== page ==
Ground Ice


I SEE in your issue of January 30, p. 295, a letter from the Rev. John J. Hampson asking some questions on the subject of ground ice. I should like to say that my father, the late Prof. James Thomson, read a paper on this subject at the Natural History and Philosophical Society of Belfast on May 7, 1862, and I think his paper answers most of the questions. Thus he writes, after reviewing and setting aside several older theories:—“My own view is that the crystals of ice are frozen from the water at any part of the depth of the stream: whether the top, the middle, or the bottom, where cold may be introduced, either by contact or radiation; and that they may also be supplied in part by snow or otherwise: and that they are whirled about in currents and eddies until they come in contact with some fixed objects to which they can adhere, and which may perhaps be rocks or stones or may be pieces of ice accidentally jammed in crevices of the rocks or stones: or may be ground ice already grown from such a beginning.”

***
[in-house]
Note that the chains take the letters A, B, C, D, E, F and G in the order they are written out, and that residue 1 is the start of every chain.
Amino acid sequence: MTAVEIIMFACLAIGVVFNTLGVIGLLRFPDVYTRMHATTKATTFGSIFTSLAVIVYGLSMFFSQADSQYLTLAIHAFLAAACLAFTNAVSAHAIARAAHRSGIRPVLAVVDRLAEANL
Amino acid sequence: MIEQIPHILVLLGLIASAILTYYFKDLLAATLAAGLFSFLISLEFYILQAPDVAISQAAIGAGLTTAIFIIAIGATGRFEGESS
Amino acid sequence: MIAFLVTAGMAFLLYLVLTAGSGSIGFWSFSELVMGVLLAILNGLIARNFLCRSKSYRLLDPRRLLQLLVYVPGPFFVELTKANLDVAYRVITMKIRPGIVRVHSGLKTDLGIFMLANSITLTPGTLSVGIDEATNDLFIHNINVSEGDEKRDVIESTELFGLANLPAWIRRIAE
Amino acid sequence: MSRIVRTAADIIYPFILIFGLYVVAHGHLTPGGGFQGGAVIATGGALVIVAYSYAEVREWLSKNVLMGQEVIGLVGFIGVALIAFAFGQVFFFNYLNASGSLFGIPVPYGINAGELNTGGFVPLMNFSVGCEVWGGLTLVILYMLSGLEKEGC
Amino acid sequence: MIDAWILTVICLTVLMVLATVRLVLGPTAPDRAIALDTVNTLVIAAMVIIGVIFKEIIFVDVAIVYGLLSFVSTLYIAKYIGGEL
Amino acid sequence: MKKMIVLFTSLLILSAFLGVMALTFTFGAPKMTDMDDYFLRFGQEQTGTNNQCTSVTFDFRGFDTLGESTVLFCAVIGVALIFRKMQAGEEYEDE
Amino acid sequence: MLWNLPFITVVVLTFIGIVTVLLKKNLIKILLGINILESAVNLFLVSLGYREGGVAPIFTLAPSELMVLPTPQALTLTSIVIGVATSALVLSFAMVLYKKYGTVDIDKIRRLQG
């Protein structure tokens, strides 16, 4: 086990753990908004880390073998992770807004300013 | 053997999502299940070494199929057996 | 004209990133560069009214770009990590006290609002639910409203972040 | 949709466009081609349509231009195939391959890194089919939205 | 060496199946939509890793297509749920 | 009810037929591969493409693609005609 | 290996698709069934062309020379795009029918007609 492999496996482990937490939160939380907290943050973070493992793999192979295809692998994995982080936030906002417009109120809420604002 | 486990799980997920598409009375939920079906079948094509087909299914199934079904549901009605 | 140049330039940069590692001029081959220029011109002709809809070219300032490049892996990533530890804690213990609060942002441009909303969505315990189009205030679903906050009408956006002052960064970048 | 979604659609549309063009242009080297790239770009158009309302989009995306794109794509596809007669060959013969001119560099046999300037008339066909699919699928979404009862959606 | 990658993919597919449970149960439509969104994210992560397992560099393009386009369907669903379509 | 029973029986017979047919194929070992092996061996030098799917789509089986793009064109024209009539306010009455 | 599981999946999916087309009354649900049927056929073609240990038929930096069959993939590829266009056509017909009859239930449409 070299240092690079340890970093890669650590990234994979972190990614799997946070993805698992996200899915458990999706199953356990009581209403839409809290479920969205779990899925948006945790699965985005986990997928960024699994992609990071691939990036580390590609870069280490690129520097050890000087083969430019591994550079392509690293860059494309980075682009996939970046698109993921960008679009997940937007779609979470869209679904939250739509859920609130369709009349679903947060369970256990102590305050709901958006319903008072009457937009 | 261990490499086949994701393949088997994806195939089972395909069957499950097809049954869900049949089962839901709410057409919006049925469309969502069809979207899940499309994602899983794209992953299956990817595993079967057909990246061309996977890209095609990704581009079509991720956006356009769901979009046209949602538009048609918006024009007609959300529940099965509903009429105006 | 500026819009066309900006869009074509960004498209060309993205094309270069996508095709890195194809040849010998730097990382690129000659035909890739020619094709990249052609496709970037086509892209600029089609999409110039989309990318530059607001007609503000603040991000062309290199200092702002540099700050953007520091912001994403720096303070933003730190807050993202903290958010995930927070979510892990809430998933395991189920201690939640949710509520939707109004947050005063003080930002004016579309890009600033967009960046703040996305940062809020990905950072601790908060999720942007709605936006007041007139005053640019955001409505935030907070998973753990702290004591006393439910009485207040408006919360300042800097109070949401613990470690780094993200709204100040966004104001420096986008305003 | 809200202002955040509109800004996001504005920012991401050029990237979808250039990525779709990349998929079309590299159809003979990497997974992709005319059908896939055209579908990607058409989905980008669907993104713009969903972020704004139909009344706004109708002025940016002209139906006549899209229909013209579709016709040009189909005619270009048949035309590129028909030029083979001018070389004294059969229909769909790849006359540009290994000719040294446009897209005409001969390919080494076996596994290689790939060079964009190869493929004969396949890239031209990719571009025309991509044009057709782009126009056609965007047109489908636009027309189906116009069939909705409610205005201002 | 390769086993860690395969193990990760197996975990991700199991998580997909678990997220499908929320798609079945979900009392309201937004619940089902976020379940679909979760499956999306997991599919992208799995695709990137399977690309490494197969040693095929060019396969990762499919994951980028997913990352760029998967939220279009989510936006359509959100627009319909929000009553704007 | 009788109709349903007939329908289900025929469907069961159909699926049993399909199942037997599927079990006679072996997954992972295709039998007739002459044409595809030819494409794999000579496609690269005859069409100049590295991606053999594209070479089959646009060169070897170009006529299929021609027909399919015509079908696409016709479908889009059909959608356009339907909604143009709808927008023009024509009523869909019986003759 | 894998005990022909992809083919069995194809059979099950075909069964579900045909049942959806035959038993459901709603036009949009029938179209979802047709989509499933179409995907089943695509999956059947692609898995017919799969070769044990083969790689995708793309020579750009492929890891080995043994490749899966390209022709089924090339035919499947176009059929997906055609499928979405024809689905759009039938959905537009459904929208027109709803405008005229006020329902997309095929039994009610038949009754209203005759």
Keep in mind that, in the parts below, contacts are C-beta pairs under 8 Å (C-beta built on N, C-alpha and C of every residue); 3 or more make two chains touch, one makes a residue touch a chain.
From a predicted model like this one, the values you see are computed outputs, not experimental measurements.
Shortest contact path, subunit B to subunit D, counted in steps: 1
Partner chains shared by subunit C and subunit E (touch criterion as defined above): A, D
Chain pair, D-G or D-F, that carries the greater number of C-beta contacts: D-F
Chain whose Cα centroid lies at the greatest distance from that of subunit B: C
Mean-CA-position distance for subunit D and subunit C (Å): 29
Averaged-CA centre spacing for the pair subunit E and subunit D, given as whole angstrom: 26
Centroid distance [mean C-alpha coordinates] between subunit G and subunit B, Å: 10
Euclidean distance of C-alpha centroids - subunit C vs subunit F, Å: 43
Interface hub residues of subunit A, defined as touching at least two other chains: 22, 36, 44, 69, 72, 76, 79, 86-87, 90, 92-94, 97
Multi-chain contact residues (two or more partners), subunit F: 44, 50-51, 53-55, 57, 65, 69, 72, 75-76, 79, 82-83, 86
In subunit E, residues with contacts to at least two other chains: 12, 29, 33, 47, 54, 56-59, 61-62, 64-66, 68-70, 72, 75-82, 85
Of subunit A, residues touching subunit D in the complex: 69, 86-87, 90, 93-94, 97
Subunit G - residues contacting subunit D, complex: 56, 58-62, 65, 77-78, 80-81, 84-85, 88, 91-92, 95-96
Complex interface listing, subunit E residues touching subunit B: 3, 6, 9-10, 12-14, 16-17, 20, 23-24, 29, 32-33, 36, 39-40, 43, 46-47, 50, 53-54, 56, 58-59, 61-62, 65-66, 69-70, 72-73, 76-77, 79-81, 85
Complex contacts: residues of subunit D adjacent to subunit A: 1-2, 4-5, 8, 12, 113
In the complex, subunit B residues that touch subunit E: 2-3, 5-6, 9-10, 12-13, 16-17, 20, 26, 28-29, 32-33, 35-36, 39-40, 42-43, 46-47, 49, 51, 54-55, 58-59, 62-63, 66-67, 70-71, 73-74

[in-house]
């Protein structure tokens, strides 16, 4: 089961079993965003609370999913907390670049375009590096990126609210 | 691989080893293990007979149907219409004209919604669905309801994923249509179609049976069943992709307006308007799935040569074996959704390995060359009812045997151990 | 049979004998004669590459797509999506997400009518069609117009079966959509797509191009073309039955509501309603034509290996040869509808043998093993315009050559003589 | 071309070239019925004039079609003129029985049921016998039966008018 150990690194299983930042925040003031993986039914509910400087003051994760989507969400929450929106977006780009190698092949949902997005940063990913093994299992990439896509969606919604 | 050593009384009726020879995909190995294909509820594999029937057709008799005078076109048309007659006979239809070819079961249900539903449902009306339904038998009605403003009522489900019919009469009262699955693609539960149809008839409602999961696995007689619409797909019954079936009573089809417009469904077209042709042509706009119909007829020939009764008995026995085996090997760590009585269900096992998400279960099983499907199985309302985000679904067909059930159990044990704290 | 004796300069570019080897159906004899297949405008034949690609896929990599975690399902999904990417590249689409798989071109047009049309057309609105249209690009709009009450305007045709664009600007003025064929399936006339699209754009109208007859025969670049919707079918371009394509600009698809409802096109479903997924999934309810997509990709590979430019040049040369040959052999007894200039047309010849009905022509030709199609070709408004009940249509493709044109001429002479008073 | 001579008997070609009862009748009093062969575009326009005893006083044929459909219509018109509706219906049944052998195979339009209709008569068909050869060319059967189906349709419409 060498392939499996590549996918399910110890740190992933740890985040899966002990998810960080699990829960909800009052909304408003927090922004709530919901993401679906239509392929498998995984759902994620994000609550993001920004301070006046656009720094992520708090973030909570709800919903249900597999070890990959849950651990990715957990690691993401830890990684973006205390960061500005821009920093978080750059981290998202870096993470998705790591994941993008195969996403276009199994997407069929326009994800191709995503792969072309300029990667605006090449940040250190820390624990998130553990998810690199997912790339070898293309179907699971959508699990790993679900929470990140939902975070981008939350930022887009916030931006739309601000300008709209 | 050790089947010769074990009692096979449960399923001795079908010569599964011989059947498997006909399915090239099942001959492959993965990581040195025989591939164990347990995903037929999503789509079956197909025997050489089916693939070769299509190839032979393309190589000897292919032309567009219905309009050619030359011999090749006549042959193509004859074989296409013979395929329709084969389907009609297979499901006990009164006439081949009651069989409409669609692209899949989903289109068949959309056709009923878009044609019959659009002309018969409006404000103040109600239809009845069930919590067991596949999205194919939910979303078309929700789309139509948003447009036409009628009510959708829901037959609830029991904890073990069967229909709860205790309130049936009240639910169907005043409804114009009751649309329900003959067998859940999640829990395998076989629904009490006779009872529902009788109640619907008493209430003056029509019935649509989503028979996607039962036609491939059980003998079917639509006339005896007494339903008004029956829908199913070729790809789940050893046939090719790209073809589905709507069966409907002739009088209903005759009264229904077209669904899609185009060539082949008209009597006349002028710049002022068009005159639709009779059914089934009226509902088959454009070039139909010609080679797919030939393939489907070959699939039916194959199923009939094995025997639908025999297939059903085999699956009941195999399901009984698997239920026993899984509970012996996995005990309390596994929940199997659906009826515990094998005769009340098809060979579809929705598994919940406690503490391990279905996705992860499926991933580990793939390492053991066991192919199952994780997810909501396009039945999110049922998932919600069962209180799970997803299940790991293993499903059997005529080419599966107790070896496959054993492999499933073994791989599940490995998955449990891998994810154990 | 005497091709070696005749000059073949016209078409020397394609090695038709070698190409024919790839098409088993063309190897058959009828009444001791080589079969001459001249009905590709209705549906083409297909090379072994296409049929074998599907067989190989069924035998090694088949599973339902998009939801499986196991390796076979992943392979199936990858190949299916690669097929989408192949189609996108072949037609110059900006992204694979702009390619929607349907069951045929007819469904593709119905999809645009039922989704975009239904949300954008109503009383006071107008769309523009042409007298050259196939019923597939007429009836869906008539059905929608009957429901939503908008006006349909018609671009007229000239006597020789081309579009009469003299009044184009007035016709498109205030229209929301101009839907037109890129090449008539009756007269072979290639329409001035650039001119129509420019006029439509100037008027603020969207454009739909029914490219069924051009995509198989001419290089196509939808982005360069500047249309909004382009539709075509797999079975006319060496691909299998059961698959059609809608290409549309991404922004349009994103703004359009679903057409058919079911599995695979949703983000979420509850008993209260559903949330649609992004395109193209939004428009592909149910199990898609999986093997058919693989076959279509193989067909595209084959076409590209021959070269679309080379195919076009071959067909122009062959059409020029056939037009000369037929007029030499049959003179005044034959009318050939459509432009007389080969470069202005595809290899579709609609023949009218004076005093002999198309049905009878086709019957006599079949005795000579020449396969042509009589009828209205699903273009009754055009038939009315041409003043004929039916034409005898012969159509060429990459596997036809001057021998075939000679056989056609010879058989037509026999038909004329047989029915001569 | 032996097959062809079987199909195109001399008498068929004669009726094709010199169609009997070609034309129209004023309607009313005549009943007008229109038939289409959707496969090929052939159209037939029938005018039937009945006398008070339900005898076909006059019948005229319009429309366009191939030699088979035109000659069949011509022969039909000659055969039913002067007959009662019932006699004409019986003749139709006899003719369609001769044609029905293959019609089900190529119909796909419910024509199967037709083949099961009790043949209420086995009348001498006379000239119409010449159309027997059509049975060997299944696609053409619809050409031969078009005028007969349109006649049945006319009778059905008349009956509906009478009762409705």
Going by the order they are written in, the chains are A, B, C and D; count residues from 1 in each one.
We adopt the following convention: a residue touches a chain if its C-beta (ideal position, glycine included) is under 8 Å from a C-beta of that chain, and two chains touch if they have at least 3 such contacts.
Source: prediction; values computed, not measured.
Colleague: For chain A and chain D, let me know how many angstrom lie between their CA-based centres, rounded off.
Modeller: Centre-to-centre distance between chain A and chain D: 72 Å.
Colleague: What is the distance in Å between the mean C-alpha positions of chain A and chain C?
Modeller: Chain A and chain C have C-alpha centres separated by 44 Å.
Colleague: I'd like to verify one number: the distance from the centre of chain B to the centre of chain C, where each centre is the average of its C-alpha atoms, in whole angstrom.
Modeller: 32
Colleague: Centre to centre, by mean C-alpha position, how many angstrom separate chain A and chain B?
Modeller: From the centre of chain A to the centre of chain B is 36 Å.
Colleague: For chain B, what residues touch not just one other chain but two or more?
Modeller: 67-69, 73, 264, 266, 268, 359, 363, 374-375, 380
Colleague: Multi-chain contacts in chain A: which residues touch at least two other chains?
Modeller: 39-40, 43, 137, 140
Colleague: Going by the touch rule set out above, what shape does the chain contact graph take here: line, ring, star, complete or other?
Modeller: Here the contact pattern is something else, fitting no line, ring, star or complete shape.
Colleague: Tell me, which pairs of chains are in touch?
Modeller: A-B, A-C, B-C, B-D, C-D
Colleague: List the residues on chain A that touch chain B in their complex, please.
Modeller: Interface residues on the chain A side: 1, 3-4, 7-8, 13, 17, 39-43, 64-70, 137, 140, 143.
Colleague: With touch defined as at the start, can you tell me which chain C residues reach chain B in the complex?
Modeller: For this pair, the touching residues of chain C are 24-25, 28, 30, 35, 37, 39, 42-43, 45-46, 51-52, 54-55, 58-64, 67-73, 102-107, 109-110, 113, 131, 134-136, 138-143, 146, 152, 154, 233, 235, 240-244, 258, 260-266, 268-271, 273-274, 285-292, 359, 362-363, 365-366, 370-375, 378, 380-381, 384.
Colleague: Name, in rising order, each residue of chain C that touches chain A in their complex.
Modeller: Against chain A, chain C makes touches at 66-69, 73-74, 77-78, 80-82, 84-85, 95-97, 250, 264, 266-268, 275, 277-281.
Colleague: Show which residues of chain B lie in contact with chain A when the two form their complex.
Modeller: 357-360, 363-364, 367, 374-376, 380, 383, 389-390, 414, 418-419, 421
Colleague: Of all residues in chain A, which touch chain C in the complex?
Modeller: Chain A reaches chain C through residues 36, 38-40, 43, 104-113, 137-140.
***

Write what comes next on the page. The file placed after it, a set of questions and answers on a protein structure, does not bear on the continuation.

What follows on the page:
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THOMSON, J. Ground Ice . Nature 77, 366 (1908).

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